Receiving Inspection Techniques - What can we do to improve our current system?

A

Alf Gulford

I know this could be a huge question, but I promised I'd ask.

Our Receiving Inspection department currently uses good, solid (if unimaginative) inspection and reporting techniques. We know they're good because we've been doing the same thing for many years and the results have been acceptable. Now they're trying to climb out of the 'box,' thinking that there may be more efficient ways in terms of time and accuracy, e.g.; carrying laptops with current parts fabrication drawings to the inspection area(s), to be used both for inspecting and documenting (even this is old tech, but new to us).

While inspection is in my background, I was part of the old 'good, solid' system and don't know where to suggest they go to get really new ideas. No one's looking for change for the sake of change, they just want possibilities to consider.

Can anyone help with some direction here?

Thank you. Alf
 

Geoff Cotton

Quite Involved in Discussions
Why not start with a question like.....

"Why do we need to keep suffering the on-cost of goods inwards inspection?"

Sorry if you did not want to hear that and for being a little blunt. In the eighties we had around 30 goods inwards inspectors, now we have reliable suppliers and no inspectors.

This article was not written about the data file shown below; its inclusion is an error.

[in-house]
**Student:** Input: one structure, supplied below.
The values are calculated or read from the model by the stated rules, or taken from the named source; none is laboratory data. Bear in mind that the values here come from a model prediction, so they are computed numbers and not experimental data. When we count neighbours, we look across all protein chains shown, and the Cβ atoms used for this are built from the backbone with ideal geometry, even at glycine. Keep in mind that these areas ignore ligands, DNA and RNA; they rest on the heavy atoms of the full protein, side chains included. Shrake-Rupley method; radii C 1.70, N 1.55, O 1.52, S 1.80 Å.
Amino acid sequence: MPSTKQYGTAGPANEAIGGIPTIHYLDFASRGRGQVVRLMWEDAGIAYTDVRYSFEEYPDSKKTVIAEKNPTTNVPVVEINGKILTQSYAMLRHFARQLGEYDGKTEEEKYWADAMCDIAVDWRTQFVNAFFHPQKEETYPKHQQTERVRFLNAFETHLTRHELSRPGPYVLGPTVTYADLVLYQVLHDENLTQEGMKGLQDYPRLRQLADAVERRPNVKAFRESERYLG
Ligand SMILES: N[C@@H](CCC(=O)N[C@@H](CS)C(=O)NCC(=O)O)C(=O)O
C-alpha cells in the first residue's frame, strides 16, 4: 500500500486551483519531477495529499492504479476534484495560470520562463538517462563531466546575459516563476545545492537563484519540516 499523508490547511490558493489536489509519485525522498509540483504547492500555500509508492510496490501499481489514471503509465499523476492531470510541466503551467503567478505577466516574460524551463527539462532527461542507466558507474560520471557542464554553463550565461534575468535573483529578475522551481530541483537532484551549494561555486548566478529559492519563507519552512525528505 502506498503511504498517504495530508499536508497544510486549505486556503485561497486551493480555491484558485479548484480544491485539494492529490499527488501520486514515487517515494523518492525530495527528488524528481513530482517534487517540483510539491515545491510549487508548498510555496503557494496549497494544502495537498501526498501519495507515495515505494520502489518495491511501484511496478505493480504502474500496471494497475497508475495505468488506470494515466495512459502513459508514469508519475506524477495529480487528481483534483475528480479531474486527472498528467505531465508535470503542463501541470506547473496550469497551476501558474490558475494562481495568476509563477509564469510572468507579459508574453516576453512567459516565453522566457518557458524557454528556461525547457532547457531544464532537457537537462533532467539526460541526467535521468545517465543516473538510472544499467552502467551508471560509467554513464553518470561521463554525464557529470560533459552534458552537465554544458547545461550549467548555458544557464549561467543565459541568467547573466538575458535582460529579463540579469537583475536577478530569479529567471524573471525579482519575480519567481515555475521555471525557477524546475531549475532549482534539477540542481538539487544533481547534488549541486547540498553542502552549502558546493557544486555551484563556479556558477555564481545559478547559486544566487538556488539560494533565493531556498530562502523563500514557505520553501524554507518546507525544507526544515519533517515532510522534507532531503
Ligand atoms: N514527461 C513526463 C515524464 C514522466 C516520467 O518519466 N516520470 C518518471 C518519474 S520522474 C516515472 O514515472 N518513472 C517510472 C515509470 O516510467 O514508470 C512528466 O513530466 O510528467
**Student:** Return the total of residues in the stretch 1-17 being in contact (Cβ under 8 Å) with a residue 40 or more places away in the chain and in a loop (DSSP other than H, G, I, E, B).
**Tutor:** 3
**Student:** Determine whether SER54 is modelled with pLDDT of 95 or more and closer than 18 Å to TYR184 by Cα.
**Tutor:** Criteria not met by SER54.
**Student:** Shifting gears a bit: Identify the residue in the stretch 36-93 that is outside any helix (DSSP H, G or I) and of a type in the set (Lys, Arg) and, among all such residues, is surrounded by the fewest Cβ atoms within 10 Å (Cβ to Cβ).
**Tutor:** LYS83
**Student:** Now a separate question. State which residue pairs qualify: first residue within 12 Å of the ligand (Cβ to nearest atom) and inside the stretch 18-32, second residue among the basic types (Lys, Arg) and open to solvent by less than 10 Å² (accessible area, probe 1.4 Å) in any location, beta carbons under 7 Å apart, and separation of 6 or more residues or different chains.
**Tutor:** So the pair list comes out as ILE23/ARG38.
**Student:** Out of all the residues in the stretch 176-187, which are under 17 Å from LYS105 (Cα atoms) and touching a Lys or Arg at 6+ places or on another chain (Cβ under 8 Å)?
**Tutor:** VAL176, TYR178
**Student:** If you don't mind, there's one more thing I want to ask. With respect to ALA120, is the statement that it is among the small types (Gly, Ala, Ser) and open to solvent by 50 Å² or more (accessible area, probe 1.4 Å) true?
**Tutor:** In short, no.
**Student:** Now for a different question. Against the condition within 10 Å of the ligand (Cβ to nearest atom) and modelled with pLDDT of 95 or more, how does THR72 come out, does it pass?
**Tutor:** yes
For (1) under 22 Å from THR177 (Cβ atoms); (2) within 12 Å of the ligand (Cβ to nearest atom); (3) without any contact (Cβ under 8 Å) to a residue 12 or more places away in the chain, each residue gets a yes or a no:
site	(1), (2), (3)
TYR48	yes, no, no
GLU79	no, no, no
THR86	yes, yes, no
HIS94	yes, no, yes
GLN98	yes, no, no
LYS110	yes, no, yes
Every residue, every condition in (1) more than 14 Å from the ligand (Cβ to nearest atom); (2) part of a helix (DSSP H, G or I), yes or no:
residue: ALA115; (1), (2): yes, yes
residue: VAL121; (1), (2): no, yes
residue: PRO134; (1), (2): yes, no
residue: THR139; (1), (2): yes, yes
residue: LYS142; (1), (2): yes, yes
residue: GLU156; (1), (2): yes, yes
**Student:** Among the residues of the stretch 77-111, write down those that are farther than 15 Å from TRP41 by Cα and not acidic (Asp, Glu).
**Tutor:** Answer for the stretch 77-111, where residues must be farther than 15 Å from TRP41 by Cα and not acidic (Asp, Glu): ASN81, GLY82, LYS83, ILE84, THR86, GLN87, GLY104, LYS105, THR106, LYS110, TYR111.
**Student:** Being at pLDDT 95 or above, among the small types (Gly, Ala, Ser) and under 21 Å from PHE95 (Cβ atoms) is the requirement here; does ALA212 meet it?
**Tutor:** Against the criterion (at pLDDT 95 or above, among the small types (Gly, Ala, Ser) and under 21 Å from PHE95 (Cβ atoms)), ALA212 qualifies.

Regards

Geoff
 
A

Al Dyer

I agree with Geoff,

Work with your suppliers on the prevention side and reduce the detection side on your end.

This may take some time, but quantifying an inspection frequency reduction with the proper sampling plans will reduce your cost and improve supplier performance.

ASD...
 
A

Alf Gulford

Thanks for the replies. My goal years ago was to eliminate my job by certifying our suppliers. Maybe it's time to start pushing that idea again.

Regards, Alf.
 
T

Tom Goetzinger

I hope that by certifying suppliers, you mean that you will verify that they have the processes in place to ensure that the next lot of parts you get are correct. Too many companies certify based on historical performance, and then find that when the guy who knew how to make your part left (died, quit, whatever) all you get is junk until someone else figures out how to make it.
Just IMHO.
 
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